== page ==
Counterparties: How Warren Buffett sweetens his ketchup

By Ben Walsh
February 15, 2013

Welcome to the Counterparties email. The sign-up page is here, it’s just a matter of checking a box if you’re already registered on the Reuters website. Send suggestions, story tips and complaints to Counterparties.Reuters@gmail.com.

Warren Buffett’s near-mythic status means his deals are always scrutinized for signs that the old man has finally lost his edge. Berkshire’s $12 billion role in the $23 billion acquisition of Heinz is no different. First, consider the deal’s debt. Excessive leverage has long been one of Buffett’s bugaboos. Yet Peter Eavis notes that the deal doubles Heinz’s debt load, from $5 billion to $10 billion. As a consequence, the company’s “credit rating will almost certainly be slashed into junk territory”.

Eavis also wonders why Buffett didn’t just buy Heinz stock in the open market. Instead, the deal contains Buffett’s favorite corn syrup-free sweetener: he’ll receive 9% on $8 billion worth of preferred stock. We’ve seen Buffett pull the preferred stock move before, notably on his investments in Goldman Sachs and GE.

Eddy Elfenbein thinks that Buffett’s preferred stock is what makes the deal sensible. The transaction, struck at a 20% premium over the closing price of Heinz shares before the deal was announced, might be too rich if Buffett were only buying common stock. But Buffett’s portion of the deal is a good one: he’ll get the yield on the  preferred stock, and at the acquisition price, his $4 billion in common equity yields about about 3%, Elfenbein calculates.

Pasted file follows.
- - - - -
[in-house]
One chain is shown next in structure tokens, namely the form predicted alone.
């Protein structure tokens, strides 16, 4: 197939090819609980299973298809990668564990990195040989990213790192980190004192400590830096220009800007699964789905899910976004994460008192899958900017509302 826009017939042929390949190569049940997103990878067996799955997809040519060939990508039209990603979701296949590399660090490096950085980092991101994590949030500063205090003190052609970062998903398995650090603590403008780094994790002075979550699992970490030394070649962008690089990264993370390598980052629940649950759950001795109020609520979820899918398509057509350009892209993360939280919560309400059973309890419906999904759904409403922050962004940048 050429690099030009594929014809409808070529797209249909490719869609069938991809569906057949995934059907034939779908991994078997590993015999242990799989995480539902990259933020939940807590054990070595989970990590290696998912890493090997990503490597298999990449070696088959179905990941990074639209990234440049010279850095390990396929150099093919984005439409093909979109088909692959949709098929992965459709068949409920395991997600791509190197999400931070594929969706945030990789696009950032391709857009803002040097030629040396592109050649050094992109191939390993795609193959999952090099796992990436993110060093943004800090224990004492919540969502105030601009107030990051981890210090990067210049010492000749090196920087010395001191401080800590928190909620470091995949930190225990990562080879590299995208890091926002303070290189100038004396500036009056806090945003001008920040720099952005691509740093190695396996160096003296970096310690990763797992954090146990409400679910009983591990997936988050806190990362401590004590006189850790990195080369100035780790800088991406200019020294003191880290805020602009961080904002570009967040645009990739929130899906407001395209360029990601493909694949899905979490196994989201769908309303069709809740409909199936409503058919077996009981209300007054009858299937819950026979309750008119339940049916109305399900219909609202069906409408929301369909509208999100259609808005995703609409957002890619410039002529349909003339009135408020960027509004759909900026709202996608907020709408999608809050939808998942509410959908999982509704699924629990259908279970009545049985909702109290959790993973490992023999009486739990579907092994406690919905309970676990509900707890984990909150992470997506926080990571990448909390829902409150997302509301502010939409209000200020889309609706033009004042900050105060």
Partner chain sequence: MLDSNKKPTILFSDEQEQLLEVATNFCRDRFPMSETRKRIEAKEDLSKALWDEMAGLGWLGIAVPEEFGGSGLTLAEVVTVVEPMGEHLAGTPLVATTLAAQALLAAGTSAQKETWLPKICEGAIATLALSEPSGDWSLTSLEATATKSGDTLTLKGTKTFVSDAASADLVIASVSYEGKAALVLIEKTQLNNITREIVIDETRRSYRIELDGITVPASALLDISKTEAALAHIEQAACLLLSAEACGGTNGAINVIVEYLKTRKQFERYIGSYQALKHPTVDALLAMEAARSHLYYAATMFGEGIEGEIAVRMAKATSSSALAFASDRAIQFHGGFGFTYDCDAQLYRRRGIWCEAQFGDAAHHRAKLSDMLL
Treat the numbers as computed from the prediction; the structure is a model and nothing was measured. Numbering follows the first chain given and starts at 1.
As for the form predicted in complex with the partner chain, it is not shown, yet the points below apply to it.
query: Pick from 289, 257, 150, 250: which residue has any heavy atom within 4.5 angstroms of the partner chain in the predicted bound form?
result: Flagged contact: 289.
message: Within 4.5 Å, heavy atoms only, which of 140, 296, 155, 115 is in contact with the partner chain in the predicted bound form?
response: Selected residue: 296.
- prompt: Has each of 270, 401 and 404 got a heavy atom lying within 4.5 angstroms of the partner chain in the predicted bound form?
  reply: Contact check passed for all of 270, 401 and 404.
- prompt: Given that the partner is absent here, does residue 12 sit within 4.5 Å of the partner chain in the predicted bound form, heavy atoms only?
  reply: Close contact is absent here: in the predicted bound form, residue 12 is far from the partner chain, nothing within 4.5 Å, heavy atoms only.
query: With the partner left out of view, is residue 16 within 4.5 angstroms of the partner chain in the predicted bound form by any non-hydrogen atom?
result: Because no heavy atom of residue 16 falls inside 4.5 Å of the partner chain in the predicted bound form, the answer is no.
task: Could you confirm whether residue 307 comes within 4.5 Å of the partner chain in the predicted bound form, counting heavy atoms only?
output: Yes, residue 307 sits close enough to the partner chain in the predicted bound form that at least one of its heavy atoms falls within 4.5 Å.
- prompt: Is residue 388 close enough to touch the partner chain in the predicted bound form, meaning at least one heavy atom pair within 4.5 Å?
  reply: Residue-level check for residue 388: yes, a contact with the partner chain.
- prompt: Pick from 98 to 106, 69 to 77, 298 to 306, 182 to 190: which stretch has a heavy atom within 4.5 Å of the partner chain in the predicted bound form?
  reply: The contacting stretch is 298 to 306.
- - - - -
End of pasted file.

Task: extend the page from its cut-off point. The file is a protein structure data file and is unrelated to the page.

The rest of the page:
Lex doesn’t think the yield mitigates the fact that Buffett deserves a “stern lecture in overpaying”. If you own the company, they point out, Buffett’s yield amount to extracting value from yourself. But as Steve Waldman points out, Buffett doesn’t really own the company, 3G does. Buffett, in other words, is cannily extracting value from his partner. Maybe all that is the price you pay to have Warren Buffett along for the ride.

Some parts of the deal might be classic Buffett, but the partner isn’t. Dan Primack notes that Buffett has been publicly critical of the private equity industry and comes to the conclusion that his partnership with 3G is “bit hypocritical”. But all that is easily forgotten when Ol’ Uncle Warren talks about how much he loves ketchup in an interview. Warren Buffett’s public persona, no less than Heinz’s ketchup, is a formula scientifically proven to be perfect. — Ben Walsh

On to today’s links:

Leaders
Silvio Berlusconi: “Bribes are necessary – they are not crimes” – Zero Hedge

Not the Onion
Moody’s downgrades S&P – Bloomberg

Popular Myths
Almost nobody cares about the deficit we’ve all been told to care about – Evan Soltas

Alpha
Carl Icahn seems to taken a massive position in Herbalife just to piss Bill Ackman off - Kid Dynamite
The new P/E ratio: “Price-to-ego” - Josh Brown
Who wants to buy some Singaporean penny stocks?! - WSJ
Mayonnaise tweets, the key to unlocking shareholder value - Ben Walsh
Meet the guy who’s investing $24 billion of George Soros’s money – WSJ

Ouch
Investors withdraw 1/3 of SAC’s outside capital – Bloomberg